Surprises (?) in the addition of HCl to a carbonyl group.

HCl reacting with a carbonyl compound (say formaldehyde) sounds pretty simple. But often the simpler a thing looks, the more subtle it is under the skin. And this little reaction is actually my prelude to the next post.

The mechanism is studied using ωB97XD/6-311G(d,p) with a simulated solvent (acetic acid) included (but not explicit solvent setting up any hydrogen bonds).

Transition state HCl + H2C=O. Click for 3D animation.

The transition state itself does not convey what is happening, largely because the transition state normal mode is mass-weighted. This leads to the heavier Cl not moving much, and the formaldehyde conducting a bee-dance like wag. For more detail, indeed insight, we need the intrinsic reaction coordinate (IRC):

  1. At IRC 4, the HCl starts by aligning itself into the plane of the formaldehyde, with the hydrogen targeting the in-plane lone pair on the carbonyl oxygen.
  2. At IRC 2.2, the hydrogen atom starts to transfer from the Cl to the O. As usual, a hydrogen transfer takes place very rapidly, and by IRC 1.7 the transfer is largely complete.
  3. At IRC 1.5, the chlorine, now shorn of its proton, starts to move out of the plane.
  4. At the transition state (IRC = 0.0) the chlorine is now inclined at an angle of about 45° with respect to the plane of the formaldehyde (which is still largely co-planar).
  5. Between IRC 0.0 and -2.0, the Cl…C bond starts to form, and the rotation goes to about 73°. It is held at this position because of an anomeric effect operating between one of the lone pairs on the oxygen atom, and the axis of the C-Cl σ* bond.
  6. The overall process is concerted, but quite asynchronous, in as much as the formation of the O…H bond distinctly precedes that of the C…Cl bond. These bonds form at a dihedral (torsional) angle of  73° with respect to each other and the need to align the two bonds in this manner means that they cannot form at the same rate!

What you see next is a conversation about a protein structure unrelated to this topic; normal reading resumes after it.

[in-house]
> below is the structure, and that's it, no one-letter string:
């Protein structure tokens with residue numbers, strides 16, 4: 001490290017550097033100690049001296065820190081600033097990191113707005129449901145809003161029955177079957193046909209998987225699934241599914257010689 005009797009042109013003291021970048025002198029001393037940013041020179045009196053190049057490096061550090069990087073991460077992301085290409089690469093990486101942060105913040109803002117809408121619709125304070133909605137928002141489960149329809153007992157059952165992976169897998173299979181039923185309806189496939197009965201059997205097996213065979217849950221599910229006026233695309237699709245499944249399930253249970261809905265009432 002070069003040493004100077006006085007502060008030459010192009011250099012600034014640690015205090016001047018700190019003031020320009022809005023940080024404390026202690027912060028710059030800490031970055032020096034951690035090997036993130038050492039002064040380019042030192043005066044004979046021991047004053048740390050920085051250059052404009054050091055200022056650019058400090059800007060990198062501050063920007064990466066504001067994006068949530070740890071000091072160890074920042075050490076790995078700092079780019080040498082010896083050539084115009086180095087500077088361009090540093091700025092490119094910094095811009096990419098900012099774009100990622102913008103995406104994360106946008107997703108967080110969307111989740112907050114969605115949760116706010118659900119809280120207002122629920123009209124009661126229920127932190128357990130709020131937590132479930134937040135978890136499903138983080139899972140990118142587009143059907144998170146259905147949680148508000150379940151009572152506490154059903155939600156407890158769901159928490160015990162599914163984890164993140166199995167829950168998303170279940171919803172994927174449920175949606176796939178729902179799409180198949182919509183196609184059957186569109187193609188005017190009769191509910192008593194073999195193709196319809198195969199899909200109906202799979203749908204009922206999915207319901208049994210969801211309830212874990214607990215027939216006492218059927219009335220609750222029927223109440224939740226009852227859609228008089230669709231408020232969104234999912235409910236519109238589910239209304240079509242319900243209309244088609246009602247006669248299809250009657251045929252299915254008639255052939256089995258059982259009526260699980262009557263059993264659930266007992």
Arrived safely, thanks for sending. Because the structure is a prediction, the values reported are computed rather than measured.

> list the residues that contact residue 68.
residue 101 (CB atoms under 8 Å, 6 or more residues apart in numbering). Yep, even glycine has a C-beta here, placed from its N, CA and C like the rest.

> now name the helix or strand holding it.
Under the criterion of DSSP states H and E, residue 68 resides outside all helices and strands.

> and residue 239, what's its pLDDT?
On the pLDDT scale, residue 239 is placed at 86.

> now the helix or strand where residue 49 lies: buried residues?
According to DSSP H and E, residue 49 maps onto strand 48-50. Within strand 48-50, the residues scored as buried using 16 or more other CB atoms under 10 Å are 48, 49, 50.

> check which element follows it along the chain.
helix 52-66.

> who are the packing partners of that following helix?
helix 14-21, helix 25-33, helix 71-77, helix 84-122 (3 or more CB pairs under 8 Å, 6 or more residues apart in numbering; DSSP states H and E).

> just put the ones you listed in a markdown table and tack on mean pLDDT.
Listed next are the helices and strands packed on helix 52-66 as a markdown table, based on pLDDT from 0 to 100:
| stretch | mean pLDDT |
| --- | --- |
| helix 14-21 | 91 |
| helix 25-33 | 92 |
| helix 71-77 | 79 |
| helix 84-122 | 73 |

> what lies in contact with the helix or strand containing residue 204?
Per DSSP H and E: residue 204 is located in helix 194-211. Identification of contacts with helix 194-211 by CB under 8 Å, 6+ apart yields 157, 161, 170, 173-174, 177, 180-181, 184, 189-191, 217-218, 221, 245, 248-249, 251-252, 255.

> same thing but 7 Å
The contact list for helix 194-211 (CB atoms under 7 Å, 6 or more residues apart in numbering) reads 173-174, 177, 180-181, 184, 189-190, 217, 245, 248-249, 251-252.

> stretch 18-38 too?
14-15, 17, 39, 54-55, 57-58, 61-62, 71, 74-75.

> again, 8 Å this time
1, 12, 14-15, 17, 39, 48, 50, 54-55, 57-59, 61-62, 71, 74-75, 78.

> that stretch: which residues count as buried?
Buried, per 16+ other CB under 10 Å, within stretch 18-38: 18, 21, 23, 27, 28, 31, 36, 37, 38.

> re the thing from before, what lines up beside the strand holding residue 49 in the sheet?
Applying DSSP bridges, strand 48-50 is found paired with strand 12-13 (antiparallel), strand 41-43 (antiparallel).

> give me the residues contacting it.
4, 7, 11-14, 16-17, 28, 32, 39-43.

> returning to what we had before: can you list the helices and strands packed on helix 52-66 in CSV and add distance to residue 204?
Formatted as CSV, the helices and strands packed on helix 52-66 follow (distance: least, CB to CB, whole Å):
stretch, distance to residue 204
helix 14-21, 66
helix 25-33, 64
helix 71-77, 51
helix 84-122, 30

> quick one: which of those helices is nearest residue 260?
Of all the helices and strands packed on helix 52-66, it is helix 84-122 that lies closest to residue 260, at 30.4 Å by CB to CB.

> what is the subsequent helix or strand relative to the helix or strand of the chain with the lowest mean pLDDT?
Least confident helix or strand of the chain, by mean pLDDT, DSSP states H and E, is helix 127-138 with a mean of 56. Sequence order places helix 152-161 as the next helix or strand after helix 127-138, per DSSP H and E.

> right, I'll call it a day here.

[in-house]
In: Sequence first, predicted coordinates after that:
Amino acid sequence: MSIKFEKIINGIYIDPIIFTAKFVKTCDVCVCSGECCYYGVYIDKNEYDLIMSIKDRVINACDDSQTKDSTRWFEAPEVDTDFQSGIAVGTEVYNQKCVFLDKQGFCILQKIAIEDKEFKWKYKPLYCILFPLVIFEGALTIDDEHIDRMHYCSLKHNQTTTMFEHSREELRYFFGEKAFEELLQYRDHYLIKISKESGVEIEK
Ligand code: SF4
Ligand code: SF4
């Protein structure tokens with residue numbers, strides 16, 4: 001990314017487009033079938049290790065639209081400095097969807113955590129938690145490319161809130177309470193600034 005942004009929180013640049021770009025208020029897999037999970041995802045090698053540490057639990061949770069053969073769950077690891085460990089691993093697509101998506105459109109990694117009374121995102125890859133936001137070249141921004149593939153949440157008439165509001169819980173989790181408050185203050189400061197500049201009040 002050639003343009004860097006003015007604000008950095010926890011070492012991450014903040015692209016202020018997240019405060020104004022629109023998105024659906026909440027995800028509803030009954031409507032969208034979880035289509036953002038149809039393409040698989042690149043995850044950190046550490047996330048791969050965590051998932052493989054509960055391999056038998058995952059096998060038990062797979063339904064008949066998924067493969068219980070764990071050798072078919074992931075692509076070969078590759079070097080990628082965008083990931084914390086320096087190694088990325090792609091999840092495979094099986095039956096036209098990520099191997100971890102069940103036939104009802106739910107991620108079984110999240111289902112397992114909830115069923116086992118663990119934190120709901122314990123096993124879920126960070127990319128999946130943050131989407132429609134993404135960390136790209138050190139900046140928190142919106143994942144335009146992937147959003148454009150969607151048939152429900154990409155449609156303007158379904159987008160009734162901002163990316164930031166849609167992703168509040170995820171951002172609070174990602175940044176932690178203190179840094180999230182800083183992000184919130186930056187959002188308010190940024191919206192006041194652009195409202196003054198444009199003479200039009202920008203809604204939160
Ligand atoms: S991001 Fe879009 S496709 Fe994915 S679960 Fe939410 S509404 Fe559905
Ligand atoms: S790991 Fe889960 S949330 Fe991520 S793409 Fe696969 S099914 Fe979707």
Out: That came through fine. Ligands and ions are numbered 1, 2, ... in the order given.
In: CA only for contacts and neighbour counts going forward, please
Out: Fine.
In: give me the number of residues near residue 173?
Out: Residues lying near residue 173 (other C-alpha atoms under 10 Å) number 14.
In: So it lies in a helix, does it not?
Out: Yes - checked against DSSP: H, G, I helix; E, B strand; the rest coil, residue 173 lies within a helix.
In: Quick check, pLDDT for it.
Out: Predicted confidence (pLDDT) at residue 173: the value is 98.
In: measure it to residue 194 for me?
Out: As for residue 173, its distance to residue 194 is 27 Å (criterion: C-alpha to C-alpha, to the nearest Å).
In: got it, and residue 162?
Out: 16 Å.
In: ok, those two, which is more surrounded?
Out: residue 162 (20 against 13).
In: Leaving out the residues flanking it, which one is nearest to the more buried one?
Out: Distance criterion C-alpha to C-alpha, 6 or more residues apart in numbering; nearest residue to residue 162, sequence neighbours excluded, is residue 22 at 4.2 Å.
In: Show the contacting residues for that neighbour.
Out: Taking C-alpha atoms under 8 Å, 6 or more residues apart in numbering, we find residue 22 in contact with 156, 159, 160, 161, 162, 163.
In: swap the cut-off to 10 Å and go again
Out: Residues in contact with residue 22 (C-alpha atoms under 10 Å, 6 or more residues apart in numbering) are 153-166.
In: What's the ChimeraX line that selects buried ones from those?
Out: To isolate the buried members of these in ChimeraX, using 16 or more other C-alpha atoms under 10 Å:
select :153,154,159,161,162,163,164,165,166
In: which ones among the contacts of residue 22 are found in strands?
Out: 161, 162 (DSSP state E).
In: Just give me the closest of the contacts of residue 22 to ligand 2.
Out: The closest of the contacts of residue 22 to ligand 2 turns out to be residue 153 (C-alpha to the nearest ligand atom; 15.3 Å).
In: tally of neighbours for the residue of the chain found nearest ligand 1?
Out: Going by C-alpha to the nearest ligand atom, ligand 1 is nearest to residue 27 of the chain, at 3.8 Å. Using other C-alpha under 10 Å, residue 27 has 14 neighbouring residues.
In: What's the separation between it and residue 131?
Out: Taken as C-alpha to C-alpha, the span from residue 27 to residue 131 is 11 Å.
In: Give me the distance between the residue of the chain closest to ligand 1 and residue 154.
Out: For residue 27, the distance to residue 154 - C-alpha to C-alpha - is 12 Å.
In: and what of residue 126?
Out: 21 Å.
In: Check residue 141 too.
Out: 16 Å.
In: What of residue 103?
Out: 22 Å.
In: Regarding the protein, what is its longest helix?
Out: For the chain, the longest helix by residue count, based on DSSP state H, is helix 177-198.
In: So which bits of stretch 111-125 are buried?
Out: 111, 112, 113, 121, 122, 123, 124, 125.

Is this model a realistic one? Well, the missing component is hydrogen bonds. Between a solvent (this is being done by the way in acetic acid as simulated solvent) and the chlorine, which must assume a large measure of being actually a chloride anion, countered by the oxenium cation. It is possible that the reaction may actually therefore not be concerted, but it might stop at the half-way stage of an ion-pair before continuing its journey. The calculated barrier (~20 kcal/mol) is actually quite reasonable for a thermal reaction, but hydrogen-bond stabilisation might be expected to reduce this to what in effect would correspond to a very fast room-temperature reaction.

Well, HCl + H2C=O does not sound complicated. But you can trust this blog to take something simple and make it less so! 

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2 Responses to “
Surprises (?) in the addition of HCl to a carbonyl group.

  1. […] Henry Rzepa Chemistry with a twist « Surprises (?) in the addition of HCl to a carbonyl group. […]

  2. Student says:

    Does it means that the real reaction could run in non-polar solvents? The reagents are gases and a little bit could be absorbed in hexane…

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